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54-40 or Fight eBook

Emerson Hough
This eBook from the Gutenberg Project consists of approximately 265 pages of information about 54-40 or Fight.

“Of what?”

“Of your nuptials!”

“Madam, I can not do so.  But for you, much as I owe you, I would like to wring your neck.  I would like to take your arms in my hands and crush them, until—­”

“Until what?” Her face was strange.  I saw a hand raised to her throat.

“Until you told me about Oregon!” said I.

I saw her arms move—­just one instant—­her body incline.  She gazed at me steadily, somberly.  Then her hands fell.

“Ah, God! how I hate you both!” she said; “you and her.  You were married, after all!  Yes, it can be, it can be!  A woman may love one man—­even though he could give her only a bed of husks!  And a man may love a woman, too—­one woman!  I had not known.”

I could only gaze at her, now more in perplexity than ever.  Alike her character and her moods were beyond me.  What she was or had been I could not guess; only, whatever she was, she was not ordinary, that was sure, and was to be classified under no ordinary rule.  Woman or secret agent she was, and in one or other identity she could be my friend or my powerful enemy, could aid my country powerfully if she had the whim; or damage it irreparably if she had the desire.  But—­yes—­as I studied her that keen, tense, vital moment, she was woman!

A deep fire burned in her eyes, that was true; but on her face was—­what?  It was not rage, it was not passion, it was not chagrin.  No, in truth and justice I swear that what I then saw on her face was that same look I had noted once before, an expression of almost childish pathos, of longing, of appeal for something missed or gone, though much desired.  No vanity could contemplate with pleasure a look like that on the face of a woman such as Helena von Ritz.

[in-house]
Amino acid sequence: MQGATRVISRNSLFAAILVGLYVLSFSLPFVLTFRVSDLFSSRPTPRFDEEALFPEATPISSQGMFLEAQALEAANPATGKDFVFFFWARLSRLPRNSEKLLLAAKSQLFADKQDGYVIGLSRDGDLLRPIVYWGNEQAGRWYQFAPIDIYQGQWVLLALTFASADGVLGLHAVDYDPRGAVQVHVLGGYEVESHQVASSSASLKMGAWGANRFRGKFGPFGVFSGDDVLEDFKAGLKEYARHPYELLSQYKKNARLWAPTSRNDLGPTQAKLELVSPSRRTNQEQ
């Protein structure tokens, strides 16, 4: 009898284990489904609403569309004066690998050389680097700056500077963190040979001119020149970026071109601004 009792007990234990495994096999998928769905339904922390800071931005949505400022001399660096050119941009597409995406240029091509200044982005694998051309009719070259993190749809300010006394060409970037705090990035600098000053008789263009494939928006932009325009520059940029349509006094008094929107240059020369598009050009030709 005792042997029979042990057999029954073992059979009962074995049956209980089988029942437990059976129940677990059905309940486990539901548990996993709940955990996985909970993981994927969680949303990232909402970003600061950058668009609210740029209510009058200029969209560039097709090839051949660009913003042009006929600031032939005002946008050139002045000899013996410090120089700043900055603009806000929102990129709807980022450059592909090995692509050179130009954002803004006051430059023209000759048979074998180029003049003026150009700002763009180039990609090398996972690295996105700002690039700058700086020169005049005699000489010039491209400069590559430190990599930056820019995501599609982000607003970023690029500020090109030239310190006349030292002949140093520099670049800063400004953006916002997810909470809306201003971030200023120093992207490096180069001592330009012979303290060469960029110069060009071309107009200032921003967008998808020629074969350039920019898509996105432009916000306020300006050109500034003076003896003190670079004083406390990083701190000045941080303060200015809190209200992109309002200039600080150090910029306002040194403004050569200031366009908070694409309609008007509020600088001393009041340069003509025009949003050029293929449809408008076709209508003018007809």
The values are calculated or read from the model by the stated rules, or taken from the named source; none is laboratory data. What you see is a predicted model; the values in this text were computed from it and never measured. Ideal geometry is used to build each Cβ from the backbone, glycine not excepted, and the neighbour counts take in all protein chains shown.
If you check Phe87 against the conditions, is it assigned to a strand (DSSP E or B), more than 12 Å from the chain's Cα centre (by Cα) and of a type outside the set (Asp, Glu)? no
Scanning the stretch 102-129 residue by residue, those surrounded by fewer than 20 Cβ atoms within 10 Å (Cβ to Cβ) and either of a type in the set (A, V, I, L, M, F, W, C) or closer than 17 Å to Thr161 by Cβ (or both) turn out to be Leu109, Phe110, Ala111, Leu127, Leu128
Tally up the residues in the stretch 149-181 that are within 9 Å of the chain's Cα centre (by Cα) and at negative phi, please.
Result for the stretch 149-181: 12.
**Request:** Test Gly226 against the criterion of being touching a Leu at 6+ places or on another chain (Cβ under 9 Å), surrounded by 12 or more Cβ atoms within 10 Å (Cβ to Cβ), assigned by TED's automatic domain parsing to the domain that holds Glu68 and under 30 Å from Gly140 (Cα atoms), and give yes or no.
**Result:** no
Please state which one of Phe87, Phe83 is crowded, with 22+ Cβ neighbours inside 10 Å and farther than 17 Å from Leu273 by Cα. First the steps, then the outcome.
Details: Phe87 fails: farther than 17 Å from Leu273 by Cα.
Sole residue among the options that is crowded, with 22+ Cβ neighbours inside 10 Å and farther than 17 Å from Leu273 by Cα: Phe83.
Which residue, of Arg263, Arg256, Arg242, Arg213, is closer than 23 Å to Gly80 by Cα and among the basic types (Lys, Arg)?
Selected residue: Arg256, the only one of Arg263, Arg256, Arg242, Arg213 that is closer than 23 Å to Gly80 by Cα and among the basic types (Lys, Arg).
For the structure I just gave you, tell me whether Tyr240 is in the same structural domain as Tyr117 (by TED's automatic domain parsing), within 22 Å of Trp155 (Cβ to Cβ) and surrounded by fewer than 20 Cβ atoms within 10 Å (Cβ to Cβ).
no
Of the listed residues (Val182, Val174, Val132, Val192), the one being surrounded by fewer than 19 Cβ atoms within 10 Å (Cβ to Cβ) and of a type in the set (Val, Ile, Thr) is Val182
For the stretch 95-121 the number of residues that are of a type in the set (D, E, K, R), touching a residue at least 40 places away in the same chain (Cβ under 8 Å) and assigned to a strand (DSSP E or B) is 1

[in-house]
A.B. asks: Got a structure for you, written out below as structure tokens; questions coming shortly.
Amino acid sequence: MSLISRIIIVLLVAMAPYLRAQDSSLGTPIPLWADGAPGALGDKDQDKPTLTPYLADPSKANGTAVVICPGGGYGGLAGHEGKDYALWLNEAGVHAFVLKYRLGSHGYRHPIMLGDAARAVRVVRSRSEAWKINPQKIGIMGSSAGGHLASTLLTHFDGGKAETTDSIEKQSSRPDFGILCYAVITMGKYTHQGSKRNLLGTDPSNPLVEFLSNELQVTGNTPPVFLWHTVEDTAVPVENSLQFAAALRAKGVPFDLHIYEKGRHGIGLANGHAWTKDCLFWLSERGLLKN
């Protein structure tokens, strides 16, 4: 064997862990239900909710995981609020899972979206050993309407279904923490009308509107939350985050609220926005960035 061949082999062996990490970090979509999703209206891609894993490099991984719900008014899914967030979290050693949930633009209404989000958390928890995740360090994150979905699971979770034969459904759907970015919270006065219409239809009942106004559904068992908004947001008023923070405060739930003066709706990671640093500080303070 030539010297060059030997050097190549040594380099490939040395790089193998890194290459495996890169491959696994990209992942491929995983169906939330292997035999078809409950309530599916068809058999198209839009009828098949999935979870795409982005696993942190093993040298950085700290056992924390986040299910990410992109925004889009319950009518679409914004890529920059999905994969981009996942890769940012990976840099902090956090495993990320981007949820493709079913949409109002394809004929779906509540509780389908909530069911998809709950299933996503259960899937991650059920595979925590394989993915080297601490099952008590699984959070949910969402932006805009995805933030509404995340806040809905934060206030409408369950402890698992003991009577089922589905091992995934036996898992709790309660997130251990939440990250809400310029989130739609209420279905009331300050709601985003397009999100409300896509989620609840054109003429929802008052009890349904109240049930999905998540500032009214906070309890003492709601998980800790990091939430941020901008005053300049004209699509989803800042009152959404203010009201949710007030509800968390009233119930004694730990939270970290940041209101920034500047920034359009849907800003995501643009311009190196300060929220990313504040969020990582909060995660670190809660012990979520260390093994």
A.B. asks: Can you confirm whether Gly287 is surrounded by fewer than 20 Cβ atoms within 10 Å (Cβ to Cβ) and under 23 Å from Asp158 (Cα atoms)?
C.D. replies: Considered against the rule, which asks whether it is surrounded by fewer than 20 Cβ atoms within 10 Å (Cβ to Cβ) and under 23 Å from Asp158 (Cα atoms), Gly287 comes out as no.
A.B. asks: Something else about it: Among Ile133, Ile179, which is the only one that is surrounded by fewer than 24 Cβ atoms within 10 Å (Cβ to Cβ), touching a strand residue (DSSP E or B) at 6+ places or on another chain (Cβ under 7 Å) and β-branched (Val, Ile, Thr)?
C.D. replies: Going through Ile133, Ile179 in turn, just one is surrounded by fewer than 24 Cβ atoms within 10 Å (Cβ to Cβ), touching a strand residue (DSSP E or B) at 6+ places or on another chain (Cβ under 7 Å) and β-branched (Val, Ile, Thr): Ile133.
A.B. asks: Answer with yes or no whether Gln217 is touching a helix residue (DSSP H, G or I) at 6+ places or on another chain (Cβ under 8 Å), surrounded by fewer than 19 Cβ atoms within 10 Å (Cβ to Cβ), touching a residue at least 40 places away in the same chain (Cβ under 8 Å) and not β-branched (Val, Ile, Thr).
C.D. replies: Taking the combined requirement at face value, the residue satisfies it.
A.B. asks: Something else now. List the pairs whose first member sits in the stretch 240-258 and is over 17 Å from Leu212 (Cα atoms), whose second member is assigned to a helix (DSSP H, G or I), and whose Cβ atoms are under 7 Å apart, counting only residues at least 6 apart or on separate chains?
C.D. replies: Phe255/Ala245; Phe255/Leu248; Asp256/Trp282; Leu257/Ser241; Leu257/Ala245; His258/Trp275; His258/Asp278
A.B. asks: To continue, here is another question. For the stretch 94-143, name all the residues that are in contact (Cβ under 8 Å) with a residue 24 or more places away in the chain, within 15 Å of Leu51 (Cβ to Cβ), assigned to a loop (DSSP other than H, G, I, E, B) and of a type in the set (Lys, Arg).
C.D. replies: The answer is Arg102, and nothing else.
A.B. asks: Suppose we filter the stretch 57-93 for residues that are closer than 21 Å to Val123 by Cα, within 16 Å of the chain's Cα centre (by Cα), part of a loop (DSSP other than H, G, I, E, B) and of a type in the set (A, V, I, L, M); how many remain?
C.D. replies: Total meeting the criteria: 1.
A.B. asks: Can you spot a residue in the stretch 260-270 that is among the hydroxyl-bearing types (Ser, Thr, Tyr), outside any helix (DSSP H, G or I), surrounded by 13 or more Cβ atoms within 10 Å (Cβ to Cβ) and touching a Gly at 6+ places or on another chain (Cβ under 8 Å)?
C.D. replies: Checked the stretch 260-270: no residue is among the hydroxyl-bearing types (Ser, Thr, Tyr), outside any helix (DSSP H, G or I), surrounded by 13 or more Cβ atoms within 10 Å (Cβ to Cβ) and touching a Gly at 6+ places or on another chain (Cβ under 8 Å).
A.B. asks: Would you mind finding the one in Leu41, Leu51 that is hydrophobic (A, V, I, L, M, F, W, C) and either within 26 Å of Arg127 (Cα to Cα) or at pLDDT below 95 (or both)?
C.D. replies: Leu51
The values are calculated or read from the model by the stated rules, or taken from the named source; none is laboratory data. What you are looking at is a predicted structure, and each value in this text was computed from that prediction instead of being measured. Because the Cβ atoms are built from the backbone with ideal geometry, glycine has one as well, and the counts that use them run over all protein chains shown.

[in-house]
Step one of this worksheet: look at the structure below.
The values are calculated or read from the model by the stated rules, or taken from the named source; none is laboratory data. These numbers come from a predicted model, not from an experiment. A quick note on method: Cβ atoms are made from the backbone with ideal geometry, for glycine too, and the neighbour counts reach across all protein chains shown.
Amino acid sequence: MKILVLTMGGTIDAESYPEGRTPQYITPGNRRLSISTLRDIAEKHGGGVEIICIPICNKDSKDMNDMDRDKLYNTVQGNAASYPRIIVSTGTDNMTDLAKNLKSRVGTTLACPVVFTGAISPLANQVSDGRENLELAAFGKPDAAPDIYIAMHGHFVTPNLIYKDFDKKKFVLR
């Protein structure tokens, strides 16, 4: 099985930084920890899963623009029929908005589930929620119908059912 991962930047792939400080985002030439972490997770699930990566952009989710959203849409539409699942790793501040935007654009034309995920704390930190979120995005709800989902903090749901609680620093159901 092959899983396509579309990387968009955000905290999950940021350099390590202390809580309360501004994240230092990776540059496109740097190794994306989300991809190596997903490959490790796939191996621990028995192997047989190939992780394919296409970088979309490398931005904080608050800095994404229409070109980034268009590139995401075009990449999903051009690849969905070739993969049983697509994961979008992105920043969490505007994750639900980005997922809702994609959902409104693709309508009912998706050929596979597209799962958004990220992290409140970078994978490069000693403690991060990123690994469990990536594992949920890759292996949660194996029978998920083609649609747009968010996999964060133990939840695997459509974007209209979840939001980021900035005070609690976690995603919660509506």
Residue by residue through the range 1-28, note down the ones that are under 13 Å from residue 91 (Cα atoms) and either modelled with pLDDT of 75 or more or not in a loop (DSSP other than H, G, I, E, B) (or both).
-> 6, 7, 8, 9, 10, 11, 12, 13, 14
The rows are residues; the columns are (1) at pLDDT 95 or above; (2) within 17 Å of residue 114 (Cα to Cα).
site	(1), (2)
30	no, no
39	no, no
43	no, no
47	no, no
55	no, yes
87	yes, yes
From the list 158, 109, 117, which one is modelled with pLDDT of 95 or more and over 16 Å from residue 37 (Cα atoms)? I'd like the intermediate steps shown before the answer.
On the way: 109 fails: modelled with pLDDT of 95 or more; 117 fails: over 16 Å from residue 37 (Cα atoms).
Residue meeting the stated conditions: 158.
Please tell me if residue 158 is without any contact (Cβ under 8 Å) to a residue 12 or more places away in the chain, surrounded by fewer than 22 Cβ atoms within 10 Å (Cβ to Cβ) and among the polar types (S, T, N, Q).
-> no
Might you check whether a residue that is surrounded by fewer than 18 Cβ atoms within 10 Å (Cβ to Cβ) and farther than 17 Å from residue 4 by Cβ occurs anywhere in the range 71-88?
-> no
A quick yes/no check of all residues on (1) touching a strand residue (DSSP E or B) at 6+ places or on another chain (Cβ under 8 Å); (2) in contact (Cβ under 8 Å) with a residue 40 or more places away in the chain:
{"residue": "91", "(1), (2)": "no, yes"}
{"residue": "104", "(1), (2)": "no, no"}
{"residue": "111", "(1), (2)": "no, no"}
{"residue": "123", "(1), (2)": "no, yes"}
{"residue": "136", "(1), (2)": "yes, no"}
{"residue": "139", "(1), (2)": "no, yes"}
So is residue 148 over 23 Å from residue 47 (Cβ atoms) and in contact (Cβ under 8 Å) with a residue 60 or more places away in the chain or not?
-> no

I fancied her unstrung by excitement, by the strain of her trying labor, by the loneliness of her life, uncertain, misunderstood, perhaps, as it was.  I wondered if she could be more unhappy than I myself, if life could offer her less than it did to me.  But I dared not prolong our masking, lest all should be unmasked.

“It is nothing!” she said at last, and laughed gaily as ever.

“Yes, Madam, it is nothing.  I admit my defeat.  I shall ask no more favors, expect no further information from you, for I have not earned it, and I can not pay.  I will make no promise that I could not keep.”

“Then we part even!”

“As enemies or friends?”

“I do not yet know.  I can not think—­for a long time.  But I, too, am defeated.”

“I do not understand how Madam can be defeated in anything.”

“Ah, I am defeated only because I have won.  I have your secret; you do not have mine.  But I laid also another wager, with myself.  I have lost it.  Ceremony or not—­and what does the ceremony value?—­you are married.  I had not known marriage to be possible.  I had not known you—­you savages.  No—­so much—­I had not known.”

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